That said, when you’re not asking it to do something all-of-a-sudden, the gearbox is nice and smooth and because it will skip gears to get to the gear it thinks you want, when giving it the full size-12 or leaning on the brakes, it’s faster than the six-speed manual and in-keeping with the Sport monicker.
I’m not always a big fan of stop/start systems, and I don’t really know why. It’s probably because I don’t spend a lot of time in stop/start traffic, or at traffic lights, or… whatever. But the system in the Discovery Sport is pretty good. According to Land Rover it’ll activate within 300 milliseconds, which is a lot faster than it takes to say 300 milliseconds, and I’d believe it, you barely have to raise your toe on the brake pedal and the engine fires back into life. Nice.
Land Rover is to be commended for the ride and handling of the Discovery Sport and I think the fact it works so well here is because the UK has similarly rubbish roads. It dispatches expansion joints and ripples in bitumen like a mattress has been laid across them, indeed I’d go so far as to say the Discovery Sport, which has to be dual-purpose, is as comfortable and dynamic, even more so, than many family-sized wagons, and manages to out-punch most other SUVs.
The steering too is impressive. Running an electric power assist system, the Discovery Sport offers plenty of stability in the straight ahead position which is key to avoiding having to constantly adjust the wheel at highway speeds, while off centre it’s nice and direct with reasonable weight if not much feel.
But where the Discovery Sport truly impresses is in its ability to step off the bitumen and get its feet dirty. Almost none of its competitors are capable of its dual-purpose ability, and only the Jeep Cherokee Trailhawk will go close off-road… Our rough-road journey took in some well-graded fast-flowing dirt roads, some slower speed stuff, bone-jarring corrugated sections and one particularly gnarly up-hill climb that I’ve tried to get a Trailhawk up, but couldn’t… the Disco Sport climbed up.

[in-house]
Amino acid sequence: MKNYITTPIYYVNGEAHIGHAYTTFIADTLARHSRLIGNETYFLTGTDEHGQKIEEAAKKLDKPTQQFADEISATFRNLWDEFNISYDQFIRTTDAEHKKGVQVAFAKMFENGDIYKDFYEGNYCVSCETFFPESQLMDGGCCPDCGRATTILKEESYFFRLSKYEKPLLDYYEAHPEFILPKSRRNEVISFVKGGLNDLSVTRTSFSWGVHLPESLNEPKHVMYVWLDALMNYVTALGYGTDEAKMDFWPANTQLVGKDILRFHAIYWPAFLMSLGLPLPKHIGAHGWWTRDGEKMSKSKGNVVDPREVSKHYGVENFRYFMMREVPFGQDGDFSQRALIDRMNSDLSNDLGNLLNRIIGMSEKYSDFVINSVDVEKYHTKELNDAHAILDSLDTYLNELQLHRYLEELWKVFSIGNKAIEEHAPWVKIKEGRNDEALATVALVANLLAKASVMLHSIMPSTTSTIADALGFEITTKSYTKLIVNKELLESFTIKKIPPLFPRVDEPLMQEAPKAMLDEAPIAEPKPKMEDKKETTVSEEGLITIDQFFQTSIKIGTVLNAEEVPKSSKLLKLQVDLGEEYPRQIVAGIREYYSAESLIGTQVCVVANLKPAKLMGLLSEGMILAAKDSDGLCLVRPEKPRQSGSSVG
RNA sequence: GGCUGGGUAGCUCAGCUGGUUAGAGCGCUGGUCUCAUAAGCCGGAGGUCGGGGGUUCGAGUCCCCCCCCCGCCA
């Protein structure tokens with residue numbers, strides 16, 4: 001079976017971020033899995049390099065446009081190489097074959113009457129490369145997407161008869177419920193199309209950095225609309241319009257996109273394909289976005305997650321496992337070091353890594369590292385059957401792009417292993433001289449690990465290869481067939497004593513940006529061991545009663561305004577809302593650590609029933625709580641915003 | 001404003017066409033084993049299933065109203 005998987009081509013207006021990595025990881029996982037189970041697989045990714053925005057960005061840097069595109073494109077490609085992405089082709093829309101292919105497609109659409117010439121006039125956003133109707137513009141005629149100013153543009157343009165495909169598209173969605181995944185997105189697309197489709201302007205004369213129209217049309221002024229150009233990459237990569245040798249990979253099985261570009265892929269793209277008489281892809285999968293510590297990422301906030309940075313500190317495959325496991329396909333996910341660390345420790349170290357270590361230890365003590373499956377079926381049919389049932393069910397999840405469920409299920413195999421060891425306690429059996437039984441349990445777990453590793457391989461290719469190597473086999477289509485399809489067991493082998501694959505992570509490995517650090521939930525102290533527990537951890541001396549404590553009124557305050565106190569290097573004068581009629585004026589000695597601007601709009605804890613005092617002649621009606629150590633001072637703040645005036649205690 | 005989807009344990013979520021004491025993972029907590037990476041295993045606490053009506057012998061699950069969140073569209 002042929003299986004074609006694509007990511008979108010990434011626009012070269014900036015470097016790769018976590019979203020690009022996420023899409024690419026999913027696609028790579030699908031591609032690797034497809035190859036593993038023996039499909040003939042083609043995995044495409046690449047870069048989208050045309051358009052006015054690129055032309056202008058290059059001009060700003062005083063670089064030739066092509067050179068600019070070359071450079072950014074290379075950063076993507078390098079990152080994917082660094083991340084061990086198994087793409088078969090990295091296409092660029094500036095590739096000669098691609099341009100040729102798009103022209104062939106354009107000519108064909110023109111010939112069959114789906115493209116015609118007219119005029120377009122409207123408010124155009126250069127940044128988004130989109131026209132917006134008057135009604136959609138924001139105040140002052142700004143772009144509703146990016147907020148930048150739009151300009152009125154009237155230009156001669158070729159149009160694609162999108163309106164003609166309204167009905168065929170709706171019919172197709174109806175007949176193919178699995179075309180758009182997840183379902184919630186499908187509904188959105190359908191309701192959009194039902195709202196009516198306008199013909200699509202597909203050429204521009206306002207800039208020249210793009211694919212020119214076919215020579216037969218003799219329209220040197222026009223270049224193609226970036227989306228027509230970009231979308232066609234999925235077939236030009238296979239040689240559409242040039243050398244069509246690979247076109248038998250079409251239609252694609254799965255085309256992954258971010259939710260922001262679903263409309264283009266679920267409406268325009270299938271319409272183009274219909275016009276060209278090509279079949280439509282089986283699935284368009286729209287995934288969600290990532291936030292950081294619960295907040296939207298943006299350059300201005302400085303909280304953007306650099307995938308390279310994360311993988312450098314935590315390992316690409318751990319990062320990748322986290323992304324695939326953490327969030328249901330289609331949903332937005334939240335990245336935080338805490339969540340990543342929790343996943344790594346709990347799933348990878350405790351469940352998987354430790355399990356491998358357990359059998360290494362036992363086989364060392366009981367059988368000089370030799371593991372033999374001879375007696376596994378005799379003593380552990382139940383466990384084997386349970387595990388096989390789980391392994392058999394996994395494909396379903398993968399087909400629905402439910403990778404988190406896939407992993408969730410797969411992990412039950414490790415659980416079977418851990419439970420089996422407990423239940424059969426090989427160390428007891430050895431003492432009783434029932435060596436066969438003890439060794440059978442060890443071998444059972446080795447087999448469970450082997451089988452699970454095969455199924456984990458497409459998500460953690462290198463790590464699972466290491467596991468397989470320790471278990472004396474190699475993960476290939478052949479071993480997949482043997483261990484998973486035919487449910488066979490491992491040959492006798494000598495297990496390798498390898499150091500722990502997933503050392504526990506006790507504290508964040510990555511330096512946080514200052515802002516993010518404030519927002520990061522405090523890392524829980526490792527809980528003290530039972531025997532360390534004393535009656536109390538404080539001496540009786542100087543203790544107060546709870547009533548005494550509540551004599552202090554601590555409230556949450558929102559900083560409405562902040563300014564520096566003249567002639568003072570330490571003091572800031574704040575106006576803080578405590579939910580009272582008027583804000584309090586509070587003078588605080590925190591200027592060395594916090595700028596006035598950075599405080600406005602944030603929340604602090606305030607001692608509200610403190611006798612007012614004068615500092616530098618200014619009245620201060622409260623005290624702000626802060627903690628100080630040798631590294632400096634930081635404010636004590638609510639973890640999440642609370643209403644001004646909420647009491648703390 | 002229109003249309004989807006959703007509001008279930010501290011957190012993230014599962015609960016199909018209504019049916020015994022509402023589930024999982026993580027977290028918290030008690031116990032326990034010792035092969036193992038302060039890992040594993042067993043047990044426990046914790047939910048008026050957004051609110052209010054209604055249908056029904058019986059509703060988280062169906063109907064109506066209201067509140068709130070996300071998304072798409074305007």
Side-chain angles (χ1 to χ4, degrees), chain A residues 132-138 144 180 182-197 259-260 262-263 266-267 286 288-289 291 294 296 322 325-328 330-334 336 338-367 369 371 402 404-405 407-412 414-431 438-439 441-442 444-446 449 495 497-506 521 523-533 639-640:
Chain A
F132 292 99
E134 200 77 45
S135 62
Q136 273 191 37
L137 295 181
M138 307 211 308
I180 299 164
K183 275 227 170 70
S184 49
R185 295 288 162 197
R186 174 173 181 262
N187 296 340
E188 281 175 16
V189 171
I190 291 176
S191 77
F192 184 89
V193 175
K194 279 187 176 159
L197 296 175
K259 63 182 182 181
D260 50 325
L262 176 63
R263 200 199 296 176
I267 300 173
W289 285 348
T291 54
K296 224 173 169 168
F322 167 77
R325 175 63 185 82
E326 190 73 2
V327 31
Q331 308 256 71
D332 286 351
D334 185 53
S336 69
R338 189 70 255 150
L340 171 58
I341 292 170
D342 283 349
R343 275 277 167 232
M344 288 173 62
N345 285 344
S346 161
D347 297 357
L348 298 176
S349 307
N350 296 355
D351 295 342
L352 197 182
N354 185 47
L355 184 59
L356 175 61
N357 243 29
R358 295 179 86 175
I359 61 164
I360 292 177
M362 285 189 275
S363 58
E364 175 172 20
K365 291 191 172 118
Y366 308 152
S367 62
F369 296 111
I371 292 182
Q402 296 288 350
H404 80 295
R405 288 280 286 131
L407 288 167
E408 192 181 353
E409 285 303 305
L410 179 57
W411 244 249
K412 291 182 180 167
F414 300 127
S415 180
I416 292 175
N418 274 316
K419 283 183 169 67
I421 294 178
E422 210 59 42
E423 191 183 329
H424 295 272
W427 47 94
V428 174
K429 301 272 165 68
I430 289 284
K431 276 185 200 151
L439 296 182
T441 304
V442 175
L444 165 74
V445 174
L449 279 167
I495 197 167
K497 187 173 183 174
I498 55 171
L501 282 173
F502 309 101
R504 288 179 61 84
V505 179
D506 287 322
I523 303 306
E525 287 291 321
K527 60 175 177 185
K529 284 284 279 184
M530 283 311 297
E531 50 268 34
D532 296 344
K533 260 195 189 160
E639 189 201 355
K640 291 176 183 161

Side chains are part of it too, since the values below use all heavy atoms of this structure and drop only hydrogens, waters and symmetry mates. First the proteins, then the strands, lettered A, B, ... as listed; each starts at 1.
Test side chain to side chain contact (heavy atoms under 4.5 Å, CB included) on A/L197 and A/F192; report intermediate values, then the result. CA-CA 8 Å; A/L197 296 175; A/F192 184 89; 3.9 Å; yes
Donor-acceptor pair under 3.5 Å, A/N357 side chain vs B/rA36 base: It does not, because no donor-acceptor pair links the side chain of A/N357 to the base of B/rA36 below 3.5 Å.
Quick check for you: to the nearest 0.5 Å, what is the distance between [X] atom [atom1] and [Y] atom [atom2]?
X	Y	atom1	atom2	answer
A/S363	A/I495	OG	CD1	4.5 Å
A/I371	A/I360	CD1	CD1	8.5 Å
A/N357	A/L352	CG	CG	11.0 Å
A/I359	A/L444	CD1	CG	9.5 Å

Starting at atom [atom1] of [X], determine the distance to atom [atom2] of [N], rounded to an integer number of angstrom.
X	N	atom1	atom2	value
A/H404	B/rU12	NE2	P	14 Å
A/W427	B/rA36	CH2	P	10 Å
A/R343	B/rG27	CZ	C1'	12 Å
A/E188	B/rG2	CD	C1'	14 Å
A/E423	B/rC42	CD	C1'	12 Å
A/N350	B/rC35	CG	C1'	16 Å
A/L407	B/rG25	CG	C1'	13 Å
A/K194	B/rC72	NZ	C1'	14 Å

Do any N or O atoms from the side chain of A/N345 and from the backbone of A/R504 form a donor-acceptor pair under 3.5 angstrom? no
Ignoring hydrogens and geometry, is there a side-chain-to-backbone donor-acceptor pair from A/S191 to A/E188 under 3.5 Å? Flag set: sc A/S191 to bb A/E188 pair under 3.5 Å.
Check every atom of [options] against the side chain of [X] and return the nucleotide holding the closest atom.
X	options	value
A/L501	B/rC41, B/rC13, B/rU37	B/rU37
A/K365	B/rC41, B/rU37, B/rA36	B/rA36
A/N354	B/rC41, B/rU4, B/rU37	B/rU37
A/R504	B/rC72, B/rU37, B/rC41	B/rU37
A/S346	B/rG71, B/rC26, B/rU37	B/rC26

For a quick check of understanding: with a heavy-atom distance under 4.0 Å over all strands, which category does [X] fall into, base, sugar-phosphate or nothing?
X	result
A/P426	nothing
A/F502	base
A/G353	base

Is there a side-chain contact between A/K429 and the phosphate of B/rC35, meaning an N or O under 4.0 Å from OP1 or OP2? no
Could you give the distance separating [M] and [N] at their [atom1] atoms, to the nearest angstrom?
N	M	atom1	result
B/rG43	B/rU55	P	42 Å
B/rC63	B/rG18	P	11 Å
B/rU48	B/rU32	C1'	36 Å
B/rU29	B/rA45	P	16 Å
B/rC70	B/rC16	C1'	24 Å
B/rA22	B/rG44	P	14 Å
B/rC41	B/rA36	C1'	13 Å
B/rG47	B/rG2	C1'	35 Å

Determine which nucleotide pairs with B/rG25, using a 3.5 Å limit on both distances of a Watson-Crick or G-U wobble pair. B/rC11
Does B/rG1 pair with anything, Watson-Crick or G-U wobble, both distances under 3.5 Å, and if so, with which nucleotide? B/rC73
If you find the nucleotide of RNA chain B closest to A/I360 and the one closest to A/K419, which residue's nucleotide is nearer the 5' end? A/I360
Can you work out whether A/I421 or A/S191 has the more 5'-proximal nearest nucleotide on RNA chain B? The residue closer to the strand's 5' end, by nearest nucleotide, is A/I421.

The Discovery Sport offers 212mm of ground clearance, which is about the minimum you’d want for tackling more than just a well-graded fire trail. Approach, departure and rampover angles are 25-, 31-, and 21-degrees respectively. The hill we pointed the Discovery Sport at was, thanks to a hole on one side of the track that we couldn’t get around, was about as close to the vehicles 25-degree approach angle as you could get, with just a slight touch on the black plastic bumpers. It’s worth mentioning, as I discovered, that these strips can be popped off if you need to get a bit of extra angle. And, yes, I checked on that with Land Rover.
The road-oriented tyres worked well on the dirt, but they struggled on the hillclimb which, to be fair was damp and built on a mixed base of sandstone and ironstone, and left in General mode via Terrain Response the thing wasn’t keen to tackle the ascent. So, I let it gets its breath, thumbed the Grass, Gravel and Snow setting on Terrain Response, basically, I wanted a setting to handle slippery stuff, and with the gearbox in full auto the thing scrabbled its way up the rock and onto the grippier section of track.